Non-technical person here. Could "smoother feeding" be associated with "reduced braking power"?
As I understand it the angles the rope runs through and friction are important to the braking force. I'd expect smaller diameter profiles and "I" profiles to have reduced friction and also possibly reduce the angles a rope has to follow.  Thinking particularly of tube devices in normal belay and ab mode, though I imagine the same principles apply to guide mode (don't use it myself).

Post edited at 11:05
 Cobra_Head 15 Sep 2021
In reply to Andy Gamisou:

> Obviously I'm being thick as pig's doodaah, but they look pretty much the same shape to me.  Does the i-beam bit refer to the "sticky out" bits on the first link? 


the I-beam is the profile, like a stick of rock when you are reading the writing.

 PaulJepson 15 Sep 2021
In reply to Andy Gamisou:

It's not the shape of the krab, it's the shape of the metal which makes the krab.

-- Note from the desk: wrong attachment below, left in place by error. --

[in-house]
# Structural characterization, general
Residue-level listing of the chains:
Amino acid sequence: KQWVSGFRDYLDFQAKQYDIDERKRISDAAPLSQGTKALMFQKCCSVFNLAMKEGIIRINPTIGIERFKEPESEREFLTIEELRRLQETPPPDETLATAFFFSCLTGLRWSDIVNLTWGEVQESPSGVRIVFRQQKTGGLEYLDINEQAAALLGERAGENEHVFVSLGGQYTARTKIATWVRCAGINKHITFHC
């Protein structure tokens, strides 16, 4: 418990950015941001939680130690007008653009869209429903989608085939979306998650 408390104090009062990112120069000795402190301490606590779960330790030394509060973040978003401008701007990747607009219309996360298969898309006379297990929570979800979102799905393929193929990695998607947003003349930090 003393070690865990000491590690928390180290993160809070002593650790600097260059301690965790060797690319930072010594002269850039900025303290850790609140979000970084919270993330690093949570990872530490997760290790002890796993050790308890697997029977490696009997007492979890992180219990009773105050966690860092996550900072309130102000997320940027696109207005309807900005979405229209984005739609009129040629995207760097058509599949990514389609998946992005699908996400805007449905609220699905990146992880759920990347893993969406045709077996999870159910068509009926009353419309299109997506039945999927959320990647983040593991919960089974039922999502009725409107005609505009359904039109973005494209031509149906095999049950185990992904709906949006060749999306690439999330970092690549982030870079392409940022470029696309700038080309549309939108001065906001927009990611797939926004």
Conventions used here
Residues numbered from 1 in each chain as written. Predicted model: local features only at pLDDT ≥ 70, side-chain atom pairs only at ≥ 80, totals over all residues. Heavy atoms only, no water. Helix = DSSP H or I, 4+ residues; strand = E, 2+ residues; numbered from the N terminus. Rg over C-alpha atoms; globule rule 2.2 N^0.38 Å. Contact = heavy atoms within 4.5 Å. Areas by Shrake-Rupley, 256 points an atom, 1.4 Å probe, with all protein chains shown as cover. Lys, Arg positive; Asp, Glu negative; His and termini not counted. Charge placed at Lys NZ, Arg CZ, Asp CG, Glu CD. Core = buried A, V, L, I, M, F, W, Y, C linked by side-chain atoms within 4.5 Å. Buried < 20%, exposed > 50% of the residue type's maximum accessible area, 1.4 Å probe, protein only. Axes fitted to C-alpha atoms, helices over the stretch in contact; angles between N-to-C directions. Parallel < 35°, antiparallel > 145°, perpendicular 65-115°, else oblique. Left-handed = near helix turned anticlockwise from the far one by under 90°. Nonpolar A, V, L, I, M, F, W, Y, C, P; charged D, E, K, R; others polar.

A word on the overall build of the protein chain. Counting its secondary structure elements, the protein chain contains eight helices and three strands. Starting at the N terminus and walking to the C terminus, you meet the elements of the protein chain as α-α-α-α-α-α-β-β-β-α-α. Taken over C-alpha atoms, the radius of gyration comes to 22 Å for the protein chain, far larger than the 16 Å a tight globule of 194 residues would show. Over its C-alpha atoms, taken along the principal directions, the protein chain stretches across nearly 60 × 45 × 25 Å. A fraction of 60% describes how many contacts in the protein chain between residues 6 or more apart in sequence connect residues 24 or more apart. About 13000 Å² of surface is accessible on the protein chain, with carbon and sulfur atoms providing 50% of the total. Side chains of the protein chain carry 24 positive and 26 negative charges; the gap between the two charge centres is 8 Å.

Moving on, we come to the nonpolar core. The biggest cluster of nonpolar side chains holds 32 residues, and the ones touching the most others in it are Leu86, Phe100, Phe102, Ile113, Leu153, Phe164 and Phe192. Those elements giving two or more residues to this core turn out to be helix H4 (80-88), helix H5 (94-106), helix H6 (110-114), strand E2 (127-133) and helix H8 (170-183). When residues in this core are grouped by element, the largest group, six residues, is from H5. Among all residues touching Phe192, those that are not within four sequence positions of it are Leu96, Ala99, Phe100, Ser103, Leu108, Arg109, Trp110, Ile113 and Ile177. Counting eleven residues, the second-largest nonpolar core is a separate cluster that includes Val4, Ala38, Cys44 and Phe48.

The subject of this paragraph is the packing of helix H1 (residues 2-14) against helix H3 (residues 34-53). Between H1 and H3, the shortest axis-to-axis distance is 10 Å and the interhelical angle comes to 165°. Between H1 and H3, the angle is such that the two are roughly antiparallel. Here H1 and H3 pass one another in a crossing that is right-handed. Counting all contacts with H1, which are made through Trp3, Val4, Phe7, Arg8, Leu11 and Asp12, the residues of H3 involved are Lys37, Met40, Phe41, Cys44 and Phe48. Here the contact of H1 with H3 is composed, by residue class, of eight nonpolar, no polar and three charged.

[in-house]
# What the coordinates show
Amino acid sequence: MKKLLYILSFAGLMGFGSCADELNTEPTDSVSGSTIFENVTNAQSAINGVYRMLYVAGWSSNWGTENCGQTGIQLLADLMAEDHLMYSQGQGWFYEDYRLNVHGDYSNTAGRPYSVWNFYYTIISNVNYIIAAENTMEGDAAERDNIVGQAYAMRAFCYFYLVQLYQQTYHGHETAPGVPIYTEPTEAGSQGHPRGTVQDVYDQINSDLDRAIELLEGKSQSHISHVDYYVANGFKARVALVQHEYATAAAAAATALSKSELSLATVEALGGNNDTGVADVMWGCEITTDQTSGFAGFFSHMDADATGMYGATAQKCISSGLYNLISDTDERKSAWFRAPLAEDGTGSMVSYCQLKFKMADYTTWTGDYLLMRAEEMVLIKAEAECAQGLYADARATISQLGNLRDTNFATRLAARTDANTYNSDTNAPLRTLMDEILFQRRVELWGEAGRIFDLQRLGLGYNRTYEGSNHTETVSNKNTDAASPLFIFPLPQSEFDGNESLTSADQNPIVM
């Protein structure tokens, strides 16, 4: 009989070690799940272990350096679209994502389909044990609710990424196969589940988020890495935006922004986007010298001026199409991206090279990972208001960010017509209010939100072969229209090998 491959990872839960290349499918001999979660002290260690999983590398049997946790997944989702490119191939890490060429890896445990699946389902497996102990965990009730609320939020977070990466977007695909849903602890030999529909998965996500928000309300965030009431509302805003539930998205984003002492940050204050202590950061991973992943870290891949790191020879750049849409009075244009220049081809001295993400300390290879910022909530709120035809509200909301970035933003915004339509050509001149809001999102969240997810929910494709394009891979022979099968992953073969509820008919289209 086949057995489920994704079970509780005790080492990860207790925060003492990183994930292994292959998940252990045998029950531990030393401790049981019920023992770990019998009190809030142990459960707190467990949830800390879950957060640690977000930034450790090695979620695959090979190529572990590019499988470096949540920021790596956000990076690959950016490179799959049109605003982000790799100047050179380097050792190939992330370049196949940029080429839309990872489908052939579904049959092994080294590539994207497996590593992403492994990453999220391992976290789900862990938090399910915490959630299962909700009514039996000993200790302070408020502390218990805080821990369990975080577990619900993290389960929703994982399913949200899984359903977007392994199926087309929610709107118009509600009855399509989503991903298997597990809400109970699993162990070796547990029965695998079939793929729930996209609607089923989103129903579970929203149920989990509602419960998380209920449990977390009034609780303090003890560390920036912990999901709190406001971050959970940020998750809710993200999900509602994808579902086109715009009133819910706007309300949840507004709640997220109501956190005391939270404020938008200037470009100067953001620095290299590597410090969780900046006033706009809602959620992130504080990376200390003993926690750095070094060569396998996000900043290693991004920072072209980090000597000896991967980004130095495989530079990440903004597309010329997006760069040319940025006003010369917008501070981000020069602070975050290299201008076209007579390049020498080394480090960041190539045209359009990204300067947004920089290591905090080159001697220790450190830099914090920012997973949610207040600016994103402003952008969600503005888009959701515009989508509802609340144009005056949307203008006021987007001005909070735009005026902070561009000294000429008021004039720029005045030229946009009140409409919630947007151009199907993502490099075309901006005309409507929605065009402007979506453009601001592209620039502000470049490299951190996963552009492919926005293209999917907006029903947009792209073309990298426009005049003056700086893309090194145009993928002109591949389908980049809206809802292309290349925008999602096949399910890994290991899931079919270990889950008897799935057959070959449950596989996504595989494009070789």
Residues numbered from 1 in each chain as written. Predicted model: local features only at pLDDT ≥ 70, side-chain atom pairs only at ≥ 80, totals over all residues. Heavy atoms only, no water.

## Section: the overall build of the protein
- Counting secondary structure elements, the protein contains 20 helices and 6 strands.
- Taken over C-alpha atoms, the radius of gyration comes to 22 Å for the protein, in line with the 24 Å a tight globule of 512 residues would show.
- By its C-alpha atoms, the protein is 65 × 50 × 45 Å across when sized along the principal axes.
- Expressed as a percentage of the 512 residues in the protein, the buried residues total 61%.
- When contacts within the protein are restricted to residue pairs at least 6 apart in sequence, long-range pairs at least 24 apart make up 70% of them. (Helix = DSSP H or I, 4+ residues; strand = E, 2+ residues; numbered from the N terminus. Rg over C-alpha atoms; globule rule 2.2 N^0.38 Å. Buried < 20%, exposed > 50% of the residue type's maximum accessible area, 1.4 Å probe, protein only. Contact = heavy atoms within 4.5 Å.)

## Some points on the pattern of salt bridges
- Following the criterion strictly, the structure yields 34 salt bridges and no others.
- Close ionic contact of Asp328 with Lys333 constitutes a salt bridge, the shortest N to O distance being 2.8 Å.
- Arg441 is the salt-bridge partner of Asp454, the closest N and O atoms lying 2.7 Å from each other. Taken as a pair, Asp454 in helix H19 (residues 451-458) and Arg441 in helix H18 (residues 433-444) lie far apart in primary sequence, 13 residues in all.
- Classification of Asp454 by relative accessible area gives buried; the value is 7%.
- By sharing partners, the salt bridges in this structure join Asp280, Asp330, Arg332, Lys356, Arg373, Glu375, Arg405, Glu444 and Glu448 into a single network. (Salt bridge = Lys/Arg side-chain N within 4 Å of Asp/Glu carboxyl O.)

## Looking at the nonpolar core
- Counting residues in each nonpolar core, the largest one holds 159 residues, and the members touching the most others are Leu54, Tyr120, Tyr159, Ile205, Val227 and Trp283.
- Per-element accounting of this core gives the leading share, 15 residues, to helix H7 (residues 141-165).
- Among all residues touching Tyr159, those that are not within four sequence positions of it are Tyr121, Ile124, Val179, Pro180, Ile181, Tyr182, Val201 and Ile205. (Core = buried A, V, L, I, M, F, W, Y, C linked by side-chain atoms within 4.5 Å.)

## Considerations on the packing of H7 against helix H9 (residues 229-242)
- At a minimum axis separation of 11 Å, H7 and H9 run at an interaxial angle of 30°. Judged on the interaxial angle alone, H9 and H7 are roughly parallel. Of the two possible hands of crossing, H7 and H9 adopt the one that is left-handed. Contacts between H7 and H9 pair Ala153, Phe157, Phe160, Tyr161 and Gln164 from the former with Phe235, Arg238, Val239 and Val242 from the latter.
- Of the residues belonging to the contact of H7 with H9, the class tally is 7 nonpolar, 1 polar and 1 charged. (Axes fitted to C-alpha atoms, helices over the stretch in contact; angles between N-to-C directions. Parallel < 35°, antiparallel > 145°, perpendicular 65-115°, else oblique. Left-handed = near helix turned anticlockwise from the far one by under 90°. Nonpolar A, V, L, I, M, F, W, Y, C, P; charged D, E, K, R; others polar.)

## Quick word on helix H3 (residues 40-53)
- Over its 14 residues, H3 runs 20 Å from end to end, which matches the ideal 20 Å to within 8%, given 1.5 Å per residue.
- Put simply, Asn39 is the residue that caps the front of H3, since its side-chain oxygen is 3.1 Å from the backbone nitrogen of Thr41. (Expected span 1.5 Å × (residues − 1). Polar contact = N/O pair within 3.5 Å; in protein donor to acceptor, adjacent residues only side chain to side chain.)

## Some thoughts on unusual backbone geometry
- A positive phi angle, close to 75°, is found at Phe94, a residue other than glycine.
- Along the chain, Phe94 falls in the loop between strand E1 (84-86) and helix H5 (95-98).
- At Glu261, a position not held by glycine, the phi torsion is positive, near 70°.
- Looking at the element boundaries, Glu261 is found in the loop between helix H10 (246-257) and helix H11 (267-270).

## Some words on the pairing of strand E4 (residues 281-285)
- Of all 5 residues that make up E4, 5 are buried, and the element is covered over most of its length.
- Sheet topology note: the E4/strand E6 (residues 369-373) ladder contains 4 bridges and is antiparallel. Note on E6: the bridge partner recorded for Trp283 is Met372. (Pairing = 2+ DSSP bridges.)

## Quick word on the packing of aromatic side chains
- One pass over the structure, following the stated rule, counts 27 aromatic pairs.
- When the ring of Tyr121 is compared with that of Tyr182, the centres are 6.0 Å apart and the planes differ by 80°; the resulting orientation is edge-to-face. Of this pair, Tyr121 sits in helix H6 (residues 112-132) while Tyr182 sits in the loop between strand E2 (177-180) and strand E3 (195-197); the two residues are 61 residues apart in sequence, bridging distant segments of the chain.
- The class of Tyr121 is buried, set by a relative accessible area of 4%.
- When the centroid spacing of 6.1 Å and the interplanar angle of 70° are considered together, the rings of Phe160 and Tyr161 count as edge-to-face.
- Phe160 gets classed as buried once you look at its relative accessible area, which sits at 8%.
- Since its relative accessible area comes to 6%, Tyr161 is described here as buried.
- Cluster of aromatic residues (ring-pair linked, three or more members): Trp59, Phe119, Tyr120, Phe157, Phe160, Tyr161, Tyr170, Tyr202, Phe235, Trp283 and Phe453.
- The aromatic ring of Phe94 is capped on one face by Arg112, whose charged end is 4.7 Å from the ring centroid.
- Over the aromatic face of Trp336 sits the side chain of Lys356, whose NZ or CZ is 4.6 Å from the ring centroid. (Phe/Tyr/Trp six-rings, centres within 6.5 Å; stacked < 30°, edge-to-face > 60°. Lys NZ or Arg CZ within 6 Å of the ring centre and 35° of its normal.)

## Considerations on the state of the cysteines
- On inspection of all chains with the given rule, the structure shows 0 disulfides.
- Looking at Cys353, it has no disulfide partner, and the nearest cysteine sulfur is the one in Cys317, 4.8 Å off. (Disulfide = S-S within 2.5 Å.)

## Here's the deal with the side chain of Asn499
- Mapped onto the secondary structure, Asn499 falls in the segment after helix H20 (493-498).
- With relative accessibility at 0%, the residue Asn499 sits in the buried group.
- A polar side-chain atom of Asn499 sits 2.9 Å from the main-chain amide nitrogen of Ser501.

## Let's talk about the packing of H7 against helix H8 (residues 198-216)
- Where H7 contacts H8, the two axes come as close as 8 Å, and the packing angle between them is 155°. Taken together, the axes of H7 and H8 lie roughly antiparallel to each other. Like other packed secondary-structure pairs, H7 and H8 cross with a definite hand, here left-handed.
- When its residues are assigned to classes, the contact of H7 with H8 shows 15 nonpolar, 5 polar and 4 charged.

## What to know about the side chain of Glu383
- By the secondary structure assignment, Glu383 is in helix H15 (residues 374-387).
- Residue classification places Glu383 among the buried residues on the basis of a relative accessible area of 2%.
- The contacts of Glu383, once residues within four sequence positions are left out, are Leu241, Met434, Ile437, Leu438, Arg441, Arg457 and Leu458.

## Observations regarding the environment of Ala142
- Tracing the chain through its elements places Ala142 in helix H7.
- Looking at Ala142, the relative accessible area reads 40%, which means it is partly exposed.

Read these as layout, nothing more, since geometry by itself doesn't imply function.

Andy Gamisou 15 Sep 2021
In reply to PaulJepson:

> It's not the shape of the krab, it's the shape of the metal which makes the krab. 

OK, thanks.  

 neuromancer 15 Sep 2021
In reply to YourNameHere:

Loads of people not understanding the OP's request.

Unless I'm up my arse - they are looking for a biner to use as the locking biner when in guide plate mode, NOT just a normal belay carabiner.


The rhino and boa are both fine normal belay biners, but they are I beam and so the rope hangs up. This means it's more of a nause than usual to pull rope through a guide plate.

I still maintain the DMM aero is perfect for this...

 Jamie Wakeham 15 Sep 2021
In reply to neuromancer:

To clarify: I use my Boa as the rope karabiner (not the connection-to-the-anchor karabiner) and it seems to work just fine.  No hang-ups or snagging. 

I do have pretty thin ropes; perhaps it would be less smooth with thicker ones?  And the DMM documentation doesn't seem to specify anything in particular about that karabiner.

 nufkin 15 Sep 2021
In reply to neuromancer:

>  The rhino and boa are both fine normal belay biners, but they are I beam and so the rope hangs up...I still maintain the DMM aero is perfect for this